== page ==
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Coming soonish: Chimu in Grand Central Market and Red Hill in Echo Park

January 12, 2011 | 10:04 am

MarioOrellana

Something delicious this way comes.

Mario Orellana (Lazy Ox Canteen sous chef/former Mo-Chica chef and partner) and Jason Michaud -- whose sustainable Silver Lake restaurant Local packs diners in at all hours -- have teamed up to open two new restaurants.

The first is a Peruvian takeout restaurant called Chimu, tentatively scheduled to open on Feb. 15 and located on the Hill Street side of Grand Central Market in a courtyard-facing stall next to La Cita. The second, which Orellana says will likely open this summer (perhaps sooner), is a "neo-American diner" called Red Hill, serving "urban American" fare and located in the long-shuttered Phoenix Bakery on Echo Park Avenue, across the street from the Allston Yacht Club in Echo Park.

(The Red Hill name refers to the fact that Echo Park was nicknamed Red Hill during the middle of the 20th century because a large population of political radicals -- communists, socialists, progressives -- lived in the neighborhood.)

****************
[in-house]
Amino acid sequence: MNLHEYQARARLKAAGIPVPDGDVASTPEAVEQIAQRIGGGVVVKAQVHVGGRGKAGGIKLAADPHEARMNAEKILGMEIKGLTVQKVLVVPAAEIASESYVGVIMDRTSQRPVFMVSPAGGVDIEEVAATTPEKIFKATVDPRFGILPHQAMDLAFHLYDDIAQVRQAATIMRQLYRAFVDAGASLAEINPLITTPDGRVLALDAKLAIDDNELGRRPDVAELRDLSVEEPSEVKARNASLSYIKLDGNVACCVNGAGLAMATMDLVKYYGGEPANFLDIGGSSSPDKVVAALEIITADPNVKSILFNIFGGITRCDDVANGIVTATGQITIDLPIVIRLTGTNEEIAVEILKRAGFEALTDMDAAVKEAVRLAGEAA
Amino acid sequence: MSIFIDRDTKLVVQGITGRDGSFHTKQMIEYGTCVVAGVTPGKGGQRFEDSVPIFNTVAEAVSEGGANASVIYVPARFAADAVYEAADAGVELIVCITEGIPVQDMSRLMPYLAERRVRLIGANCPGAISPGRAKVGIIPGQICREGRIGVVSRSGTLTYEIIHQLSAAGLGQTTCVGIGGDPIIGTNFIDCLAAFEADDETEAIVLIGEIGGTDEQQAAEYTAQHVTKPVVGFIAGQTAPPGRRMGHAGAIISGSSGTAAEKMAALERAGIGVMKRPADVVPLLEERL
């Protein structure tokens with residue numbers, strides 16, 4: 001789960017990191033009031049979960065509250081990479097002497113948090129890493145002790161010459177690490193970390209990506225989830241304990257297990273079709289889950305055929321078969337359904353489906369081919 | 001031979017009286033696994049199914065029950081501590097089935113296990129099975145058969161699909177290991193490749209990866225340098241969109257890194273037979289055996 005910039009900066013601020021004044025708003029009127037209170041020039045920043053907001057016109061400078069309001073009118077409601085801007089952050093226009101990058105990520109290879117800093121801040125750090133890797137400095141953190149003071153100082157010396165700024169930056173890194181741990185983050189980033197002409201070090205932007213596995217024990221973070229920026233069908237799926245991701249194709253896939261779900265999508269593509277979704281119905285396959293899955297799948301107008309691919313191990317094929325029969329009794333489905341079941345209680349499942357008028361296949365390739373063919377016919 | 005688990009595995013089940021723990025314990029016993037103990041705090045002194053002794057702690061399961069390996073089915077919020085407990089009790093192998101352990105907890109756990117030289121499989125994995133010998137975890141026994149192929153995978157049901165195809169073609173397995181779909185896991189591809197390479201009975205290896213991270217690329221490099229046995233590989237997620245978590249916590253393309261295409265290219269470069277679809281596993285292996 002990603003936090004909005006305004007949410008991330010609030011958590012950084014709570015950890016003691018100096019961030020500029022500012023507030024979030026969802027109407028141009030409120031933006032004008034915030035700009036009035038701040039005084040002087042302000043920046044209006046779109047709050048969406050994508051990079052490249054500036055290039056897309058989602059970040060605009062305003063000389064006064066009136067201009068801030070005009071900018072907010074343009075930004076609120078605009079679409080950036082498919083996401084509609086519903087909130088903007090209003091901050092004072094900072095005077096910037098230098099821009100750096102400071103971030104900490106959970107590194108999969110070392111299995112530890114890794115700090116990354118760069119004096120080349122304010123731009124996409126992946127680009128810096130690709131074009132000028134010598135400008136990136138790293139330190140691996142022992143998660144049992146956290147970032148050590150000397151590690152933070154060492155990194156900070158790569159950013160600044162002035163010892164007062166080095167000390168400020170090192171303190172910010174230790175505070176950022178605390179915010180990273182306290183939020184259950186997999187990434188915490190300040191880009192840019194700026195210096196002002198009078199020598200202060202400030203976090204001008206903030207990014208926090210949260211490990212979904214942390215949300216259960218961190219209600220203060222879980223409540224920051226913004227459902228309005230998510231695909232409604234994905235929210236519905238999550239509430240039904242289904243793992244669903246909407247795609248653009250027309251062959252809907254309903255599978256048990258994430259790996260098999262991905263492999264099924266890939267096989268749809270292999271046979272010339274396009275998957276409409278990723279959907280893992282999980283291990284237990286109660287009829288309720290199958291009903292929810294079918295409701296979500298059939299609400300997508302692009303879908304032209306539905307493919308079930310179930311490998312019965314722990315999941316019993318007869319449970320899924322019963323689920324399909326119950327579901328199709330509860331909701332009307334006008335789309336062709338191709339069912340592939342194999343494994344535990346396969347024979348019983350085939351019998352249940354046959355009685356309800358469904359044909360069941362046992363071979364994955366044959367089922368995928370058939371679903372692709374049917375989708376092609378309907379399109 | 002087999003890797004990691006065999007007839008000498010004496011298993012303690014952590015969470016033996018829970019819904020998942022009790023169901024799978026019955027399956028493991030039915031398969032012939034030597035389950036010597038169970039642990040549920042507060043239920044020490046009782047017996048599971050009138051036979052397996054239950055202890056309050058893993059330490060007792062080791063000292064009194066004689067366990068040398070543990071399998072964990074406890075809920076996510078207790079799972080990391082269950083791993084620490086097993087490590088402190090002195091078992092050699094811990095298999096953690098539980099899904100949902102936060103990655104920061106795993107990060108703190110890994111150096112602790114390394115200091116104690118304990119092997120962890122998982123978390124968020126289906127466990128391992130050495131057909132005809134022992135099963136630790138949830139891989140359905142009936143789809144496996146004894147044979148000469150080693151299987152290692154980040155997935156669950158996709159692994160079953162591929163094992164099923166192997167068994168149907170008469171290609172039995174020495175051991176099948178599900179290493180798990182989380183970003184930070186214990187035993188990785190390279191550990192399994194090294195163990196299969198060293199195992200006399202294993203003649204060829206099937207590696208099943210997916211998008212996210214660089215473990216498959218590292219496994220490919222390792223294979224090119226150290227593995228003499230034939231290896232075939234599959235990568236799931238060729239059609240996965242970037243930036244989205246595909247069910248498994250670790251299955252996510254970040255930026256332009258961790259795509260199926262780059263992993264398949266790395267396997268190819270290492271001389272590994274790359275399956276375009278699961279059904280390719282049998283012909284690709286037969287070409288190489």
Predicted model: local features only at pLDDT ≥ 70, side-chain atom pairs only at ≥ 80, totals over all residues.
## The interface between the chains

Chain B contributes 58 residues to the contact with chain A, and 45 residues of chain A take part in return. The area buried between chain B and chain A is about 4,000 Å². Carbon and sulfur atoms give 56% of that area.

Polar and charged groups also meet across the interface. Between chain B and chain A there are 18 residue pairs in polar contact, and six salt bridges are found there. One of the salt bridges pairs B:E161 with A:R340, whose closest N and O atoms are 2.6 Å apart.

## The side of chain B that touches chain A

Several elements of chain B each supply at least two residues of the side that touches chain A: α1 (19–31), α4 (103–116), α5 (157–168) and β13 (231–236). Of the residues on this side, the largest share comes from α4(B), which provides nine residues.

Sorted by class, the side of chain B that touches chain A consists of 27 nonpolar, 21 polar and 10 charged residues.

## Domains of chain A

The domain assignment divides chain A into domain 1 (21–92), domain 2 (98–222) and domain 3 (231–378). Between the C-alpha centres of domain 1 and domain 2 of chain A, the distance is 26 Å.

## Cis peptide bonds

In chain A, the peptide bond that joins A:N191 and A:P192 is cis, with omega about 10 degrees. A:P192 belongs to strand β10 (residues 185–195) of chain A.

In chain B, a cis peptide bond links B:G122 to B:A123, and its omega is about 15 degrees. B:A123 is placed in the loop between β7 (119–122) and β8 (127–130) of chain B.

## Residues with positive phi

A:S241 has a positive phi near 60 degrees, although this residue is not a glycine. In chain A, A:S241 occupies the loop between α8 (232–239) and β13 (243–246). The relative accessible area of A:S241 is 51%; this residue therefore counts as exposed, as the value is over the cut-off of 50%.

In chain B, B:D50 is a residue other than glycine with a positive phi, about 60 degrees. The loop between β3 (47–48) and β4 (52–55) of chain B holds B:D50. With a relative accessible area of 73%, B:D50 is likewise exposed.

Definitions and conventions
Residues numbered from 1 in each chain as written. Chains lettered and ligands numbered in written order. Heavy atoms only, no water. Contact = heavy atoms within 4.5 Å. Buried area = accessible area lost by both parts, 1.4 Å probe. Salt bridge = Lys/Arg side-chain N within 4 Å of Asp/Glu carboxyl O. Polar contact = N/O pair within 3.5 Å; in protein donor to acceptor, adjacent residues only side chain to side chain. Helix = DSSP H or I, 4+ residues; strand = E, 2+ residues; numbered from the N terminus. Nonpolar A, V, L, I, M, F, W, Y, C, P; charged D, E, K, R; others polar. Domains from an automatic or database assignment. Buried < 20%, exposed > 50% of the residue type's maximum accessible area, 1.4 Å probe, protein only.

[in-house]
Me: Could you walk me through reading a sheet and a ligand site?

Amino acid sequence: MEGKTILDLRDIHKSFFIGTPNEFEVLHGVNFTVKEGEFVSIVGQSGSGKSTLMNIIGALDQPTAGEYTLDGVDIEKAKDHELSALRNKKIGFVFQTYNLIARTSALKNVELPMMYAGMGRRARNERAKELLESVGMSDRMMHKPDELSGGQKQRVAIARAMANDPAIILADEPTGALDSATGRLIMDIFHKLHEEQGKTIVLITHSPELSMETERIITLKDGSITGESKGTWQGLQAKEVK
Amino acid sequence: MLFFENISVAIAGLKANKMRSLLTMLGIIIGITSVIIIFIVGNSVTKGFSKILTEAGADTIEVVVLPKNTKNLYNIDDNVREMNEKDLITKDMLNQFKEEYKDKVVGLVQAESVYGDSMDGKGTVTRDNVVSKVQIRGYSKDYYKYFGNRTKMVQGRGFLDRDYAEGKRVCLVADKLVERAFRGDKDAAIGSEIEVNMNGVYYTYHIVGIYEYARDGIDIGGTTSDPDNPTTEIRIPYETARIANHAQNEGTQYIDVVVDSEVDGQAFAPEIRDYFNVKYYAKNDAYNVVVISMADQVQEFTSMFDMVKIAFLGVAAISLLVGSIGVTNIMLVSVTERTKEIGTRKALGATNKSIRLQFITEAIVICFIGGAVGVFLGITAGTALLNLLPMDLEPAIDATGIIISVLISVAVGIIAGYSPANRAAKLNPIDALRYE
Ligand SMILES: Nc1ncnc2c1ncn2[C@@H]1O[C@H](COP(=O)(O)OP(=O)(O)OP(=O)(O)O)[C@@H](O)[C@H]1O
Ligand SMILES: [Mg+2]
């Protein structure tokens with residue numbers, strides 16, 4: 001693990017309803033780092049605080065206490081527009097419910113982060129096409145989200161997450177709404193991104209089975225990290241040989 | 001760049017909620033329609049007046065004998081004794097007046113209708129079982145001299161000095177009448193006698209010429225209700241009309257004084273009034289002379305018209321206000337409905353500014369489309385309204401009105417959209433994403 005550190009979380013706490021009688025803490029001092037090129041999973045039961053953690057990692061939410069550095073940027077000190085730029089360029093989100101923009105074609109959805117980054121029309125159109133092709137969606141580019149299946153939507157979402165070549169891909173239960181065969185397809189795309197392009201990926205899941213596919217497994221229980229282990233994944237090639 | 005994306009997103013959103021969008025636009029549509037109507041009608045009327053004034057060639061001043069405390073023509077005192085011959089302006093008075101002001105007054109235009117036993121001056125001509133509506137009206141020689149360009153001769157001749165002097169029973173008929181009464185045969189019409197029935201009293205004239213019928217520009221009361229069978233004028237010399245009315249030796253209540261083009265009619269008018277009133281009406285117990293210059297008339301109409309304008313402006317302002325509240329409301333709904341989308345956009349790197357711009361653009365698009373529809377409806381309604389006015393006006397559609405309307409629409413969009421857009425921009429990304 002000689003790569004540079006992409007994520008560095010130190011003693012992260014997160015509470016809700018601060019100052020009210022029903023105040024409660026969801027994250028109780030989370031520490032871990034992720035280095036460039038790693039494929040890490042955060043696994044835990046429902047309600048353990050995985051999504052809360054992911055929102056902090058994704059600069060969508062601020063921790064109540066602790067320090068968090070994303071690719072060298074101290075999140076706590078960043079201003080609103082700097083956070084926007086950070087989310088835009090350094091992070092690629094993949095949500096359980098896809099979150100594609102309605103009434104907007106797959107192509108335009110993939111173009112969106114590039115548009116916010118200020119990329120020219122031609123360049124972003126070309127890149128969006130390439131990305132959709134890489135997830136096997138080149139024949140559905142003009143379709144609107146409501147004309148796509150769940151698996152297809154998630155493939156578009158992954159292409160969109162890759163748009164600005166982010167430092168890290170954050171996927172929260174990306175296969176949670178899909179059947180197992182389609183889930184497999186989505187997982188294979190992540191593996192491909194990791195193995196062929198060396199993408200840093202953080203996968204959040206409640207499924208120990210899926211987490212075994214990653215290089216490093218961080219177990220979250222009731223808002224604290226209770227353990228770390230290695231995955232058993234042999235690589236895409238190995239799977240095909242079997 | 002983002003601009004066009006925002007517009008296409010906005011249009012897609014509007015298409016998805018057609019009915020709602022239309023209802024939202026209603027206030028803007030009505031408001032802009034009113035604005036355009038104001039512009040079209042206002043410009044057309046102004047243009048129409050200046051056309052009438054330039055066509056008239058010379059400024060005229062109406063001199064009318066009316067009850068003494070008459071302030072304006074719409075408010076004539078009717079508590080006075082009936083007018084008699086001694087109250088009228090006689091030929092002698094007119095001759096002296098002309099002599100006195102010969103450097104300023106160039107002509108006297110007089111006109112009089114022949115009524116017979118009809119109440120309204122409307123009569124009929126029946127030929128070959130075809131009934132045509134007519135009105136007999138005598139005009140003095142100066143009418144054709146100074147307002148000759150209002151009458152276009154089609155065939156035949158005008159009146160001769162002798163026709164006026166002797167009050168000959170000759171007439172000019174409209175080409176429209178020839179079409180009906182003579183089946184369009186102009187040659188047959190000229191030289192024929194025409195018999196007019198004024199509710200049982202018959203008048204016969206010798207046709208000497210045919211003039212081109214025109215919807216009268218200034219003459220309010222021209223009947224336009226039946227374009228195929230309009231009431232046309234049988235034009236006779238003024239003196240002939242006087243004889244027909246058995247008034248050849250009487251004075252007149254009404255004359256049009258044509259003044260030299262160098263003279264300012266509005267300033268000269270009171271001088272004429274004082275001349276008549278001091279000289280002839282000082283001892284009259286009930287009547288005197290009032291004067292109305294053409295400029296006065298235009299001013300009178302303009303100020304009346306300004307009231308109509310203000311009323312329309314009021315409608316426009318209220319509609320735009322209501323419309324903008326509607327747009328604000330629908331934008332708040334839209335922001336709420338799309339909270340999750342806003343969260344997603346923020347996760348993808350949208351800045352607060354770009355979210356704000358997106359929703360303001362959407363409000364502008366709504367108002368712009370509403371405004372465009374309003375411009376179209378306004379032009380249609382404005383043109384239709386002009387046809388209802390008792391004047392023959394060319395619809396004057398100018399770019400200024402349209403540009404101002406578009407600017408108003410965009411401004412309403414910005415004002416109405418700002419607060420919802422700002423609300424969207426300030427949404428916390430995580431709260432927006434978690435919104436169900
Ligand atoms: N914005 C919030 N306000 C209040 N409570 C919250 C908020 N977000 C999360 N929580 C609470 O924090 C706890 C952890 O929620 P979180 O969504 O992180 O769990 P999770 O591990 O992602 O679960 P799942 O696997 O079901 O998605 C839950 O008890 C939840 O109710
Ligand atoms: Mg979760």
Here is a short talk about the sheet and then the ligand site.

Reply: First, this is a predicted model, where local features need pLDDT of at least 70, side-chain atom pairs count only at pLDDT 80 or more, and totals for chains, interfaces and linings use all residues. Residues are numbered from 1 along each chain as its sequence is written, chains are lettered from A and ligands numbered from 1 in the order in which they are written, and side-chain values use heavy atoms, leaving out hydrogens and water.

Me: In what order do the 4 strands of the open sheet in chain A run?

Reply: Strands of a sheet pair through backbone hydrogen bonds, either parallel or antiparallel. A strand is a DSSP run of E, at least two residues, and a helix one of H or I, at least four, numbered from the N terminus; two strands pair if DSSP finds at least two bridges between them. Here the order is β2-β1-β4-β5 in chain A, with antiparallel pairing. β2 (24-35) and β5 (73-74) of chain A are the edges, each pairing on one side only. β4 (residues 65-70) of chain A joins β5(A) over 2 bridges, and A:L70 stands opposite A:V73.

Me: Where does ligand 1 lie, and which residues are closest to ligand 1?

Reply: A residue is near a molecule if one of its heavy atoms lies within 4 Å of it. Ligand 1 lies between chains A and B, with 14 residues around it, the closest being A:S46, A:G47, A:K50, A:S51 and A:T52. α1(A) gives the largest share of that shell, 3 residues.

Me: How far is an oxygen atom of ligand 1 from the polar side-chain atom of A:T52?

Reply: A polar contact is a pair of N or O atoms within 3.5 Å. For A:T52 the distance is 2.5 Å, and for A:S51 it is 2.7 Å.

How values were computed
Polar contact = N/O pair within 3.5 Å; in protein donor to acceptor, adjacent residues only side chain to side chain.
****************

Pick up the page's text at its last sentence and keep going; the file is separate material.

Chimu is to specialize in traditional Peruvian food inspired by a recent trip that Orellana took to Peru and the time he spent in the Amazon there. Specialties include pollo a la brasa (delectable roasted chicken), ceviche, lomo saltado (marinated sirloin with spices), Peruvian tamales and aguadito de pollo (Peruvian chicken noodle soup with vegetables).

The restaurant will operate out of a takeout window, and diners can sit in the back courtyard at Grand Central Market, watching Angel's Flight make its mini-journey up the steep hill across the street.

Red Hill is still a work in progress, but Orellana says the menu will be based on the rich mix of cultural flavors found in Los Angeles.

"I hate the word fusion," he said. "In L.A. you're starting to see a lot of people identify with flavors from different cultures because it's just part of our upbringing."

The restaurant is to have a dining room and a large counter looking in on an open kitchen. The idea is to create a sense of levity and space. Craft beers are to be served alongside an eclectic wine list, and plans include serving breakfast, brunch and lunch with a brief respite before the restaurant reopens for dinner.

-- Jessica Gelt

Photo: Chefs, left to right, Ricardo Zarate and Mario Orellana cook lunch at Mo-Chica. Credit: Ken Hively / Los Angeles Times 

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